All About Fitness changing typical look of specialty retail

Specialty fitness retailers, long known less for their decorating sense as for their sea of gray steel and iron, could be getting a kick in the pants from changes Colorado-based retailer All About Fitness has made to its stores recently – changes that have resulted in exponential increases in sales and continued design tweaks chain-wide.

Specialty fitness retailers, long known less for their decorating sense as for their sea of gray steel and iron, could be getting a kick in the pants from changes Colorado-based retailer All About Fitness has made to its stores recently – changes that have resulted in exponential increases in sales and continued design tweaks chain-wide.

It all began in 1998 when the lease on the company's flagship store in Denver was up, president/owner Chip Hunnings told SNEWS®, and he wanted to satisfy a nagging itch to somehow differentiate the chain.

“We wanted to create a cool environment,” Hunnings said. “I had seen some great pictures in a store merchandising workshop at a conference, and I knew that we could make strides and do something different.”

A consultant does the trick
Realizing he wasn't an expert in design and had really little idea how that played a part in human reactions and at retail, Hunnings turned to a designer who specializes in store environments.

“We really didn't know what to do,” said Hunnings. “So we found a designer who had worked with bike shops—Mercedes Henrich—and hired her to bring in different angles and a new dimension.”

The first project at the Denver store gave them room to play since it had 20,000 square feet – unusually large for specialty fitness dealers. Much of that was being used as warehouse space, but when the company designated an off-site warehouse, it was left with more open room and not many ideas on how to best use it – until Henrich stepped up to the plate.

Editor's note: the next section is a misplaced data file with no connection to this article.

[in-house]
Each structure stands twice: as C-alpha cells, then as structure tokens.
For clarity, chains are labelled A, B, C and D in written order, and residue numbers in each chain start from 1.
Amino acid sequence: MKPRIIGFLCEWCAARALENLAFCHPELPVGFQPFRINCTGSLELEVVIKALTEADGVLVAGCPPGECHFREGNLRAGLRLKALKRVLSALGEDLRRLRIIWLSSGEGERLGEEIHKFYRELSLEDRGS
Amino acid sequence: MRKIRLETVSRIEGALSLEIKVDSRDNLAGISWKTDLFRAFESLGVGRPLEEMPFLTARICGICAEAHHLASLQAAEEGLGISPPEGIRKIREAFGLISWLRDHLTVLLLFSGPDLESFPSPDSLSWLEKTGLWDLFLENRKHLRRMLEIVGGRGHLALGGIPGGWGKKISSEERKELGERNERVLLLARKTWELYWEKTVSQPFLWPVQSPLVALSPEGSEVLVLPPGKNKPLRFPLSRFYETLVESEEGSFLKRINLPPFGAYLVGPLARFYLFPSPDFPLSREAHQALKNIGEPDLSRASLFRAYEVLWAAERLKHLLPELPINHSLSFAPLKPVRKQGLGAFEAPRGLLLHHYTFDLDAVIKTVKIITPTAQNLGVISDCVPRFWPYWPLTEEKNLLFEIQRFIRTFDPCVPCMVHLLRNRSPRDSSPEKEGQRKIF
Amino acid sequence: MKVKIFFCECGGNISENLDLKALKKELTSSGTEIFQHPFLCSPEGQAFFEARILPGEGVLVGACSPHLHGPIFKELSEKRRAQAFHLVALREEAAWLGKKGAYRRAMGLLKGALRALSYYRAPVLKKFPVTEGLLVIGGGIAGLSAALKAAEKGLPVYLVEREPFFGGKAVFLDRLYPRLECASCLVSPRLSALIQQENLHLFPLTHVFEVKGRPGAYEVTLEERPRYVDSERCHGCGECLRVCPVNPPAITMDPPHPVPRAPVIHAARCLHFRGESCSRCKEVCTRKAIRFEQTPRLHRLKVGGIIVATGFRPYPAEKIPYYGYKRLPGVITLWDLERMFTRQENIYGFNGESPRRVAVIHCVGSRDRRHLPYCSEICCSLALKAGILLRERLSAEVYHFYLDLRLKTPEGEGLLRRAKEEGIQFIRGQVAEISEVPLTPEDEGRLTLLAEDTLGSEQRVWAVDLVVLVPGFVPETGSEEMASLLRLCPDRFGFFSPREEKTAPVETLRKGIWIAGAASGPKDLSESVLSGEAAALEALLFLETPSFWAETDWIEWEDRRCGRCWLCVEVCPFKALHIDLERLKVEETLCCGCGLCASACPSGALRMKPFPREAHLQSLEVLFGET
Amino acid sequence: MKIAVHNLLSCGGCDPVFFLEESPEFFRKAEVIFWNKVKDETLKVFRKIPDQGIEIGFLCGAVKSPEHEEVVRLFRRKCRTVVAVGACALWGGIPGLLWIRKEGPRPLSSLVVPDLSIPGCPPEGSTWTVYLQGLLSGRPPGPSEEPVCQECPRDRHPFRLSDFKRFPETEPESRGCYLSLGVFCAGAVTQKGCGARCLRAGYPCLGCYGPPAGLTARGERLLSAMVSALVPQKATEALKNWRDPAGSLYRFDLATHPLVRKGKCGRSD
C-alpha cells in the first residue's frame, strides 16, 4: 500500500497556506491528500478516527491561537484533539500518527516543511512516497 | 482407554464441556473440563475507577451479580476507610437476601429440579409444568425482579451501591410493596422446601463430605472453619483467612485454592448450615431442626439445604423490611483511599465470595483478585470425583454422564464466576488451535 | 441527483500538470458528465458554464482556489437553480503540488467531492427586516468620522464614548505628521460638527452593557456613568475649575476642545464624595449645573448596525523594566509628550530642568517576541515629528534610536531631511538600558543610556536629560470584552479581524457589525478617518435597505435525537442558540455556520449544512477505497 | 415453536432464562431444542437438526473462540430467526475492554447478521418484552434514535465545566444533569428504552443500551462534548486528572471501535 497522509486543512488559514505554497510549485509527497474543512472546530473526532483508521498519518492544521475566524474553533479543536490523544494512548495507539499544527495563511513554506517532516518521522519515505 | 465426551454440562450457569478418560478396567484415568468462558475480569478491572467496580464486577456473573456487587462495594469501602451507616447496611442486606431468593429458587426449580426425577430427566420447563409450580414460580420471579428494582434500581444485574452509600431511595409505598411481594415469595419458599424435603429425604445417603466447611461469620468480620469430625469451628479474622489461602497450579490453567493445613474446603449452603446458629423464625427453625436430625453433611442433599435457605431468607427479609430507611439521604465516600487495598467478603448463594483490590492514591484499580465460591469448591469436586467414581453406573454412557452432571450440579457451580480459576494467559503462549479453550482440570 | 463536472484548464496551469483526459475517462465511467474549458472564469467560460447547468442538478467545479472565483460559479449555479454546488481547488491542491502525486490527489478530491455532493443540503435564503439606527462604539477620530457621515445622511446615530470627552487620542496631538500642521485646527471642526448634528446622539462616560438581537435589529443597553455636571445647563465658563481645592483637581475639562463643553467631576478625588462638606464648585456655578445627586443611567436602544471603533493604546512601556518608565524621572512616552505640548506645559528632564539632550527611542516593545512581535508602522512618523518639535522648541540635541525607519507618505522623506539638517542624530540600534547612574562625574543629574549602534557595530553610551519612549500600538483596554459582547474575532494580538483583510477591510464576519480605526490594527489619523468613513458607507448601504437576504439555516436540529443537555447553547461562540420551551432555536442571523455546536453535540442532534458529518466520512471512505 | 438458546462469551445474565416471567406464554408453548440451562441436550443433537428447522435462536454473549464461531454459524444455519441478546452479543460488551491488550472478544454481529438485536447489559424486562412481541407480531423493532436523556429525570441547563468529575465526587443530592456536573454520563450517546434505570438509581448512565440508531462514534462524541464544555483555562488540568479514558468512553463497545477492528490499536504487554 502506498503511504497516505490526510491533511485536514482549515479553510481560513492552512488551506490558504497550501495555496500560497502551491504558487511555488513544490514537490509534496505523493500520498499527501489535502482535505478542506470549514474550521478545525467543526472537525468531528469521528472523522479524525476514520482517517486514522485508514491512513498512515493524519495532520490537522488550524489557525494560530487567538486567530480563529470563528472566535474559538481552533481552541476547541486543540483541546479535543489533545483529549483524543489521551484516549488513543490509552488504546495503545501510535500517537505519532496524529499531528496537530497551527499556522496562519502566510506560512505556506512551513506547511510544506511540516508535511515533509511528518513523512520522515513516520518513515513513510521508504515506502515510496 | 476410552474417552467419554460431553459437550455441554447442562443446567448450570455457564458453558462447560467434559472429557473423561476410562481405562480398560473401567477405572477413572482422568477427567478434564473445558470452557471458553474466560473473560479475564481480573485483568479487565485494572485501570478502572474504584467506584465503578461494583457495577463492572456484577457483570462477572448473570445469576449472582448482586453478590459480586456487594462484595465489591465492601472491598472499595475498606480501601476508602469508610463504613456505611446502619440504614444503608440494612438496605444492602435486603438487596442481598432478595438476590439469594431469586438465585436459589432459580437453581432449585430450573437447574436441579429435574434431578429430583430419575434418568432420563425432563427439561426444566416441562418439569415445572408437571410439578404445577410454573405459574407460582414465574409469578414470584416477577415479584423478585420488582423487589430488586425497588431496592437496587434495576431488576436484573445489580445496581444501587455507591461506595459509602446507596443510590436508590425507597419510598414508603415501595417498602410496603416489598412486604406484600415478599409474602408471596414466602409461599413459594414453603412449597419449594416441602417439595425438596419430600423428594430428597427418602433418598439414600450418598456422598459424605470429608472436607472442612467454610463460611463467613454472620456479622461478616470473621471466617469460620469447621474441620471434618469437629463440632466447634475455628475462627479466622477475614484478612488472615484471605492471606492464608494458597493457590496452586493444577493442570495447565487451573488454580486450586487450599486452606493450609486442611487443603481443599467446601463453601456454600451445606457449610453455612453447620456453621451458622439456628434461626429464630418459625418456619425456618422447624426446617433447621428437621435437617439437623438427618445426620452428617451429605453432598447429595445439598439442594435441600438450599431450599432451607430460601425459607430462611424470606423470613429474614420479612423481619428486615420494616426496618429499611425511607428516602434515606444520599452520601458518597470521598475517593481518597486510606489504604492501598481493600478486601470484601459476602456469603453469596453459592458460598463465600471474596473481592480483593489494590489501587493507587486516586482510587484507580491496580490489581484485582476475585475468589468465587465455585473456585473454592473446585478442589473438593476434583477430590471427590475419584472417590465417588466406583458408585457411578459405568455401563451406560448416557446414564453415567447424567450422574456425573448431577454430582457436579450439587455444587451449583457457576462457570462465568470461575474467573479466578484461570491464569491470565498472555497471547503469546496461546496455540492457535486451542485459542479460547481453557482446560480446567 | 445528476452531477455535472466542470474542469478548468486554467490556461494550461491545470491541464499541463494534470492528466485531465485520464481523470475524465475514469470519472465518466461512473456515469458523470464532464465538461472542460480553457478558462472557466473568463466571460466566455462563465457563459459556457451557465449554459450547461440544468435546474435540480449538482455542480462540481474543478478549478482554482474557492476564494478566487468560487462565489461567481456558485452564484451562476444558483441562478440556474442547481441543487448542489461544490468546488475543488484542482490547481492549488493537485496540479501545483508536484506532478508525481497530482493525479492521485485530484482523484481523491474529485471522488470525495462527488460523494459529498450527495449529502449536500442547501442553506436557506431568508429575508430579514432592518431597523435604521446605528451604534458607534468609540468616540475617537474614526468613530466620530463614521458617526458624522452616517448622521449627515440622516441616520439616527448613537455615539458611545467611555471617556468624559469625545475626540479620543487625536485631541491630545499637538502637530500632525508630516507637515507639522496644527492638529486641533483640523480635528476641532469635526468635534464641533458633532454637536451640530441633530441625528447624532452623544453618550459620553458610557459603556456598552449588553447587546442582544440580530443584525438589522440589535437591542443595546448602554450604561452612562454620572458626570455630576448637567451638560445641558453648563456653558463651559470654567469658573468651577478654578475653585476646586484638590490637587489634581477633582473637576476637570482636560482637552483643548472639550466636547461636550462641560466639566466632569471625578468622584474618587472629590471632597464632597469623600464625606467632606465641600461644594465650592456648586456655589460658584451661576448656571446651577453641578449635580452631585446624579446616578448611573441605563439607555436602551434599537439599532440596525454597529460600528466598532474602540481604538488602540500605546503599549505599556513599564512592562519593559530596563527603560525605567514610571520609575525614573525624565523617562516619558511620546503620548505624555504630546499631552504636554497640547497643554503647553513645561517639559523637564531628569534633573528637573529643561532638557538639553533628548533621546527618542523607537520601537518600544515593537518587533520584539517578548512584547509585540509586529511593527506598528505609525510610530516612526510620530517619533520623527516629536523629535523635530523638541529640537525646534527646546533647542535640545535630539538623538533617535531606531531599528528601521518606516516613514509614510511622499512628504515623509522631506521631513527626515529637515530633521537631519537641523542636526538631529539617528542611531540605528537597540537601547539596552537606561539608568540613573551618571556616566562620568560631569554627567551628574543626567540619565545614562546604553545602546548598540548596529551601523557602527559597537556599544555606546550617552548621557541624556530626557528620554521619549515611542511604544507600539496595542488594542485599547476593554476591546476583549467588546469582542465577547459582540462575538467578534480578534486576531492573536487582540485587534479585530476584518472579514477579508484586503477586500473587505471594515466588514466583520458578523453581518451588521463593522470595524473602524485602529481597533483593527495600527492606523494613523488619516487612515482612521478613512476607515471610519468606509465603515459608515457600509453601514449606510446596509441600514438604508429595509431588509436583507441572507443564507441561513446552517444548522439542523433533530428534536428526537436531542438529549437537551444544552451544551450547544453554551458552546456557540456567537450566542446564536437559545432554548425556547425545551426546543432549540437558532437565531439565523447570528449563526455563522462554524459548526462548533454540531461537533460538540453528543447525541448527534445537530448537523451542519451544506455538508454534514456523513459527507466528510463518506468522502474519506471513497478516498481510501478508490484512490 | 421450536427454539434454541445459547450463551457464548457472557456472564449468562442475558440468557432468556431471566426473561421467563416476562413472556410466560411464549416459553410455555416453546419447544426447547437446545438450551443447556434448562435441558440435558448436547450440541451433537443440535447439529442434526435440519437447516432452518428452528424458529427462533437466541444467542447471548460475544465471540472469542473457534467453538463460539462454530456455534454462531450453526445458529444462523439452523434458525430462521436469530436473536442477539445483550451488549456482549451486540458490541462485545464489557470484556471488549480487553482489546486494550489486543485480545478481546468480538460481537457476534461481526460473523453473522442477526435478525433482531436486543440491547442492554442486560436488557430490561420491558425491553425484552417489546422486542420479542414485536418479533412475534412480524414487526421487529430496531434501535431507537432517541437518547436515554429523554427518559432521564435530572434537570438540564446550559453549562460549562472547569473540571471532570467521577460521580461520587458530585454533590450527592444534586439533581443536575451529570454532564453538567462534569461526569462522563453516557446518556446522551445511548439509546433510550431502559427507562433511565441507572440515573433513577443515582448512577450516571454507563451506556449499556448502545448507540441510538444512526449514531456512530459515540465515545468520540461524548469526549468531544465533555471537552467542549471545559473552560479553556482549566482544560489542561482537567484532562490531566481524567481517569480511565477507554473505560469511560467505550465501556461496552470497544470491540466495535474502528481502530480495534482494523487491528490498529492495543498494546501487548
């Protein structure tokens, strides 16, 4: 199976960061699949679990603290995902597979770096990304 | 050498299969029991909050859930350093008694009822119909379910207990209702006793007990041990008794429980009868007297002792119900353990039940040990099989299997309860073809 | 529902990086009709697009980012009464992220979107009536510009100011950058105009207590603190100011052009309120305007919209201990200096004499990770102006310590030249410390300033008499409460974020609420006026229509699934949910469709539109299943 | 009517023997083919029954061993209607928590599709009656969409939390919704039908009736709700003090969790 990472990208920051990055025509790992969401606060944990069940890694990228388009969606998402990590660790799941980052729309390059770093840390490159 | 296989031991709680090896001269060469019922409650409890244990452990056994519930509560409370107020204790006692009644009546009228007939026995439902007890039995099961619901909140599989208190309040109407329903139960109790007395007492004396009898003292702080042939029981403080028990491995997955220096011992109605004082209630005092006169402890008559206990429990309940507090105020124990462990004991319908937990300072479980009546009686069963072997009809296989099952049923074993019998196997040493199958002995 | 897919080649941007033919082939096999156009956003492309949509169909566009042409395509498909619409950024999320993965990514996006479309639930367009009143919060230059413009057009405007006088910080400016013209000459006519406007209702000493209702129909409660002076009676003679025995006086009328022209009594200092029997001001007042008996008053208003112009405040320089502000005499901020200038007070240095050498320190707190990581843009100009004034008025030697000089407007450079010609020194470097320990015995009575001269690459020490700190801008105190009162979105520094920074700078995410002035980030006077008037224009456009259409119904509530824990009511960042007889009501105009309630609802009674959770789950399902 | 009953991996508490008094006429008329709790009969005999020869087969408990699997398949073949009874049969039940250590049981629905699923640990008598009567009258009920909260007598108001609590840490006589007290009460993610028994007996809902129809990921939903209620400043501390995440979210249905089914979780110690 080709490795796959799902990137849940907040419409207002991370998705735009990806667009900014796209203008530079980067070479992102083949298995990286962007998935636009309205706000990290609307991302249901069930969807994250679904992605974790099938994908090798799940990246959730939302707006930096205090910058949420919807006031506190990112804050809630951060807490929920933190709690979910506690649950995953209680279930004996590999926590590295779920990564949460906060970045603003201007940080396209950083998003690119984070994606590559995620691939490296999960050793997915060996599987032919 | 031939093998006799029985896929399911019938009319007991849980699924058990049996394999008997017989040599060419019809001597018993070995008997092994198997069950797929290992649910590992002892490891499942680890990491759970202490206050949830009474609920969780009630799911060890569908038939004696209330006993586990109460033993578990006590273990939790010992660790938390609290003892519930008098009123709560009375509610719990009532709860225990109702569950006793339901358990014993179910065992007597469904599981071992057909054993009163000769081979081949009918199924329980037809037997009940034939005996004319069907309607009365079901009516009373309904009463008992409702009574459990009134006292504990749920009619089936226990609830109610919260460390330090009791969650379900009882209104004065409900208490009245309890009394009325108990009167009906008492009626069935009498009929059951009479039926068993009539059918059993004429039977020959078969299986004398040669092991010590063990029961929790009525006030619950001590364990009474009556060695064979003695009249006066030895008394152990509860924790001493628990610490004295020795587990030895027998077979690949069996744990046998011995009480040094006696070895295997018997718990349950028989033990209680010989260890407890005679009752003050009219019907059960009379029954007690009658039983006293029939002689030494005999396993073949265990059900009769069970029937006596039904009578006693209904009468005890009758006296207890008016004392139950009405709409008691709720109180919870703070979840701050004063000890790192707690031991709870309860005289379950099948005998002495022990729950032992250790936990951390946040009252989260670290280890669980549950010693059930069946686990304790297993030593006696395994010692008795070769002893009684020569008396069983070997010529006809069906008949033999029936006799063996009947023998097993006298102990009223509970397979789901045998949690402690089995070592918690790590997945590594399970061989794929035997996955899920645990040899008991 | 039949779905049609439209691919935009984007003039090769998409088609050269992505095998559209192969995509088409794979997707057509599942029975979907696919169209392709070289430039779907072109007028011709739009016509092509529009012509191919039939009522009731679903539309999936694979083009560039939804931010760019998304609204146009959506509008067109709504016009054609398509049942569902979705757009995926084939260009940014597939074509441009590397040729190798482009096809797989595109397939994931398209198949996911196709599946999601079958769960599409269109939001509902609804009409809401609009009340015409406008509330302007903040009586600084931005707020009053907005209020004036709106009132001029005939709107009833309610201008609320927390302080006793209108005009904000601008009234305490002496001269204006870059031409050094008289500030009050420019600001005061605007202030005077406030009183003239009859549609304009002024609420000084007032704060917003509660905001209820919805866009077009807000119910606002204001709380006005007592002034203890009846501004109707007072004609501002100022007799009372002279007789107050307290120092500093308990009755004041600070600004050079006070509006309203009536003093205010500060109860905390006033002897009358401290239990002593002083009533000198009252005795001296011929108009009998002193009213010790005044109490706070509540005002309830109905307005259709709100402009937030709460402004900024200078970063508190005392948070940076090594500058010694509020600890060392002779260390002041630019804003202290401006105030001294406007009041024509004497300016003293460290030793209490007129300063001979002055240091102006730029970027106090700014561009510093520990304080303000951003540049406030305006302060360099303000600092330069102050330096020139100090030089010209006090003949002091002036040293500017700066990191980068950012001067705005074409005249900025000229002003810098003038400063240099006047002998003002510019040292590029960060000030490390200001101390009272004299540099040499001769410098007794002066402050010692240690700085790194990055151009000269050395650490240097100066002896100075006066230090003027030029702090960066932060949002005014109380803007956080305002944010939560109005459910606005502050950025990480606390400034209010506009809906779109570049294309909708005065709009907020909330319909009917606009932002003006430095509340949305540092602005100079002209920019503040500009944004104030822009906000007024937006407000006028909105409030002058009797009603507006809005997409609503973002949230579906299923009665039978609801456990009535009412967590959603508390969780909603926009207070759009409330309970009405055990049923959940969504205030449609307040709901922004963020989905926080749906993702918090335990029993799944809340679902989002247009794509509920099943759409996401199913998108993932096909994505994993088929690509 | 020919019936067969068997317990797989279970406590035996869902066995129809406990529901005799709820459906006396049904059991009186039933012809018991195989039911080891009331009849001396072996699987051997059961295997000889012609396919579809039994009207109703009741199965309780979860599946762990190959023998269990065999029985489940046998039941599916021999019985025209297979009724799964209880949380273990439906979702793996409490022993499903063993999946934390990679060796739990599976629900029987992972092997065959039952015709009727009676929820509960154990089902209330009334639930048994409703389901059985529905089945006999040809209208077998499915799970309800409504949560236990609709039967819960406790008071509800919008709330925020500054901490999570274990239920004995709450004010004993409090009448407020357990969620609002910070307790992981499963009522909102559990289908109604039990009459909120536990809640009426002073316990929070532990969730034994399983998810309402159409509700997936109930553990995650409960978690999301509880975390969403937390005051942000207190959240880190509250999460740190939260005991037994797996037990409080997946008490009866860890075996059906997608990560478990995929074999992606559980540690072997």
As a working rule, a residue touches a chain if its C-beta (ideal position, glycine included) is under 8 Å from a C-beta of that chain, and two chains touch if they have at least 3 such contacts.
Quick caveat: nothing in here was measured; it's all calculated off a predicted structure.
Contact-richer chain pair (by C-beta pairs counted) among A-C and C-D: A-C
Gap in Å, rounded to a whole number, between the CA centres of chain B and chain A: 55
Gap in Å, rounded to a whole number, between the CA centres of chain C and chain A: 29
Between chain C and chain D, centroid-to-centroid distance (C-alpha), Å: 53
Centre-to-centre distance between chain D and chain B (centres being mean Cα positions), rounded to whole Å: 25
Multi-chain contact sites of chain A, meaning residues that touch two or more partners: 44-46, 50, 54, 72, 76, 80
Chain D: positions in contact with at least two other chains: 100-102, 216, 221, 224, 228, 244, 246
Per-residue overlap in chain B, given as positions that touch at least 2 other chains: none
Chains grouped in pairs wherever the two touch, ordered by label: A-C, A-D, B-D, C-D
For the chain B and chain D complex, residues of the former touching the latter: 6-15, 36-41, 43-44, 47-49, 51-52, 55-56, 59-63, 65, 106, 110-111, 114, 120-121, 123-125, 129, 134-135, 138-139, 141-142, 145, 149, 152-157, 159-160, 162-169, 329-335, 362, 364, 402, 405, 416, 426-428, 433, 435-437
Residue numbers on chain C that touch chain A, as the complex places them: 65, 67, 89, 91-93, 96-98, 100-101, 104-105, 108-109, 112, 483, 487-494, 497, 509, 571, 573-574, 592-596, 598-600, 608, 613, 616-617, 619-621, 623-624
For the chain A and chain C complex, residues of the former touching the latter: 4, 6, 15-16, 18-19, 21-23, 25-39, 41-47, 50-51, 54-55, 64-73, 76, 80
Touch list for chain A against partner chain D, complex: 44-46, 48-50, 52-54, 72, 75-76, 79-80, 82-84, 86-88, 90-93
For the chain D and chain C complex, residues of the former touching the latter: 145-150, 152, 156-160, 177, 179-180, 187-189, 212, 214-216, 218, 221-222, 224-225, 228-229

First, Henrich researched customer traffic (finding that 60 percent of them were female), and observed customer visits. Then she rolled up her sleeves. She gave the store a totally new look by toning down the previous bright colors with more muted sunburst yellow walls, maple wood accents, and Arabian red carpet with subtle blue walkways to different departments. She also placed real plants and softer spot lighting throughout.

Henrich also created several mock “rooms” within the store that simulate attractive home settings -- complete with a sofa, TV, stereo and mirrors, and fitness equipment neatly fitting in. Also, workstations were built throughout the floor where salespeople can comfortably sit down and share information with customers in a relaxed environment. Even the sales counter was revamped, with bar stools on one end for customers to feel more comfortable discussing equipment and purchases (nope, no double carmel lattes, though— dang).

And under the category of “Why didn't we think of this earlier?” All About Fitness added a dedicated children's area with a TV, VCR and some kid-friendly furniture to keep smaller visitors from climbing on the equipment and distracting parents who were shopping – or perhaps forcing them to leave earlier than planned and not purchasing.

Immediate payoff
Although Hunnings estimates that he spent at least $7,500 on Henrich's time alone—plus the cost of the construction and other changes—the payoff was immediately evident, with a 17-percent increase in sales in one year at the 8-year-old store.